“The move to a global transaction banking (GTB) umbrella has had an impact in terms of operational efficiency and customer service. However, the structure is maturing, particularly within large banking groups, and now there is a push to add more services to capitalise on new revenue streams by reacting to new market drivers. The consolidation of banking disciplines within the GTB business has also revealed that growth and client retention can not be achieved only through new services, but also through a greater drive to streamline and join up existing transaction banking offerings.”
From previous surveys, Misys said it was evident that most banks have more unified offerings for cash management, trade and payments and it now wanted to see how far the trend was extending into packaging other products and services together in a single business unit for servicing corporate clients.
Certainly, it added, “it was evident that, increasingly, foreign exchange, clearing and settlement and securities services are being offered as banks look to generate new revenue streams and meet client demand”.
Opportunities for growth
Overall, most respondents said they saw the Asia Pacific (APAC) region as providing the best growth potential for their business.
All APAC banks saw the most opportunity within APAC, reflecting not only that these banks are looking close to home for new business in markets they understand, but also the dynamism in the region.
European banks were more split in their focus: 55 per cent were pursuing growth opportunity in Europe, with 25 per cent looking to APAC, 12 per cent to Latin America and eight per cent to the Middle East and Africa.
No respondents, even the six per cent for whom it is their home market, said that North America was their biggest opportunity for growth. But as respondents were asked to rank the regions 1-5 in terms of opportunity North America was the most popular second choice, at 31 per cent.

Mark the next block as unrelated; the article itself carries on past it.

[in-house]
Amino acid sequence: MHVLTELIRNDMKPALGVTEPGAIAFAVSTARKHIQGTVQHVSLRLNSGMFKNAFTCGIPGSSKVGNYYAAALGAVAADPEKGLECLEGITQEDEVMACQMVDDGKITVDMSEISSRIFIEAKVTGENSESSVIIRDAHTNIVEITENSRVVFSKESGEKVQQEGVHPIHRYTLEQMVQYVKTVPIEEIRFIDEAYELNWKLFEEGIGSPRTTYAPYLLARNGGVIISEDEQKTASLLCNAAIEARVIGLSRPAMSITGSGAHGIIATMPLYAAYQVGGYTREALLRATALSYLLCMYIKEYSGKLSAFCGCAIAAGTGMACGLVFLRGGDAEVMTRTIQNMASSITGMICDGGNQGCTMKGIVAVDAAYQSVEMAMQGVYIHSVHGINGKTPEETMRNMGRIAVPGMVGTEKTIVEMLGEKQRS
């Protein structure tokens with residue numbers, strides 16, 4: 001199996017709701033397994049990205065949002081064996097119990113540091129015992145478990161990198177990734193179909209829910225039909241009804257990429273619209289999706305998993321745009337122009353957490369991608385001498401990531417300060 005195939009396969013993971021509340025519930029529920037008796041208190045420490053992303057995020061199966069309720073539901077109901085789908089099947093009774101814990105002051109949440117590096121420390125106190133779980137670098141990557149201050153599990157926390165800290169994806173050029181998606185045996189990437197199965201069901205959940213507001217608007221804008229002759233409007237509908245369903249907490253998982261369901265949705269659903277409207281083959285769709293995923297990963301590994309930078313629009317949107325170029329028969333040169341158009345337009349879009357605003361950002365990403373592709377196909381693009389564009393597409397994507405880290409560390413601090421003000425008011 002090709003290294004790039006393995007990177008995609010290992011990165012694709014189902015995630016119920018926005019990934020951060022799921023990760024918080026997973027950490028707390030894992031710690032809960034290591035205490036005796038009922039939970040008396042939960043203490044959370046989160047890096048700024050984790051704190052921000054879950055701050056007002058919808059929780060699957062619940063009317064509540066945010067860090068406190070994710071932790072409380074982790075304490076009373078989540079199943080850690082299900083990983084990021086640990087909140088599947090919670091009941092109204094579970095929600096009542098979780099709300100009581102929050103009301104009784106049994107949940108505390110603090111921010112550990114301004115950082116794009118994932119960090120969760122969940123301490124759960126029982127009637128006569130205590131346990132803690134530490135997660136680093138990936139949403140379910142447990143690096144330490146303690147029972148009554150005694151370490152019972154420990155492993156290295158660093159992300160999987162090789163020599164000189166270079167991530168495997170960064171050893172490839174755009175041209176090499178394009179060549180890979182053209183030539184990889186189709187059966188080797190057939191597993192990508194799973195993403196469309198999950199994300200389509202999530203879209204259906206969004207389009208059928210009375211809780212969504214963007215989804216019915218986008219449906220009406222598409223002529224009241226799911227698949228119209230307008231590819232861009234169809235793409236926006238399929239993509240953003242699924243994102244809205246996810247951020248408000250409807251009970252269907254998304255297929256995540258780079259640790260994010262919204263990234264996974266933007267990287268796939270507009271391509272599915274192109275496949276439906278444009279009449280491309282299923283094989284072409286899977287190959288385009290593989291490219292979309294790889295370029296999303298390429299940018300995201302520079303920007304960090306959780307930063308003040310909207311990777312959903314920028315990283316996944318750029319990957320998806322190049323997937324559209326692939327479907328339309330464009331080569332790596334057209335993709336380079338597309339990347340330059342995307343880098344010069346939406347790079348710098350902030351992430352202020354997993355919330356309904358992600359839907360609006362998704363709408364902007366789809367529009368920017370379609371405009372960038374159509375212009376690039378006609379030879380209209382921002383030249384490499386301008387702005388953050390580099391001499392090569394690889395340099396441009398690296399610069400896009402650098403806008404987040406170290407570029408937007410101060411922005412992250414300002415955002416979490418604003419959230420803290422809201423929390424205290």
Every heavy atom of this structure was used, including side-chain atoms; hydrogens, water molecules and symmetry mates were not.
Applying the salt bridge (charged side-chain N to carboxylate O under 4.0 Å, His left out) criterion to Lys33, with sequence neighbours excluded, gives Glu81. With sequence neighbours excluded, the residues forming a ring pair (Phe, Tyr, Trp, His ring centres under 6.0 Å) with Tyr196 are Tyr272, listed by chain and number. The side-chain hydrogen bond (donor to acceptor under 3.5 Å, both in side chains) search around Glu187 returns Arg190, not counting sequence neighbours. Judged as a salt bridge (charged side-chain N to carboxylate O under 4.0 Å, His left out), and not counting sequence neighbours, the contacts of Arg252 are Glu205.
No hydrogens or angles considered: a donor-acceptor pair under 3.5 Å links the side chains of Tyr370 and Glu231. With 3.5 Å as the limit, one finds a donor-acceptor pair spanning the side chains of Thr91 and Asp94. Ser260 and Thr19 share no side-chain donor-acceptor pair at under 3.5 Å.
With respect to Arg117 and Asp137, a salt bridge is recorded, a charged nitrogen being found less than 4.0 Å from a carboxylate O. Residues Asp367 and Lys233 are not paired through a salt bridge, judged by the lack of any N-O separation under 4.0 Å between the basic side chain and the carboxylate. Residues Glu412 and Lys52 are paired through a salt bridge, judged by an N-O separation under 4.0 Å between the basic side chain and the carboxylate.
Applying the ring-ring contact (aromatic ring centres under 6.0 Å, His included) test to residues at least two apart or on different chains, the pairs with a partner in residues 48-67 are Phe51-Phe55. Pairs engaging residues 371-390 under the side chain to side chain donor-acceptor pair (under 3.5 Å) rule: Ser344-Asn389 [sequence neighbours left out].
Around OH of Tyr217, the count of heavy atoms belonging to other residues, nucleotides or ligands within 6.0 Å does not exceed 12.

In the multinational and large corporate sectors in North America, transaction banking business is dominated by a few big players, but this result shows that banks outside the region are still keeping an eye on opportunities there, even if it’s not their primary focus.
Products and services for growth
For the top priority region identified in the previous question Misys asked which products/services those banks saw as being most important to enabling growth.
Overall figures show cross-border payments processing as the most important. But breaking it down by region, this is far more important for those targeting APAC than those targeting Europe.
Eighty-nine per cent of those targeting growth in APAC chose this as a critical product offering, “which makes sense given the greater economic and monetary fragmentation in the region compared to Europe with its more cohesive ties and more mature cross-border payments infrastructure”.
Across all respondents, second and third in terms of importance were supply chain finance and working capital optimisation – and, thereafter, online trade services and cash management.
Cross-border risk mitigation
Risk mitigation for cross-border trade and asset liability management is another area where Misys saw differences in perceived importance depending on which region was being targeted for growth. For example, 55 per cent of those seeking growth in APAC deemed this an important offering.
Misys added that it was clear that large corporates were becoming more demanding. “Many multinationals already have access to a full range of transaction banking and financial supply chain services from their main relationship banks. But often these have been tailor-made by the bank, and aren’t standardised offerings that can be delivered on a greater scale.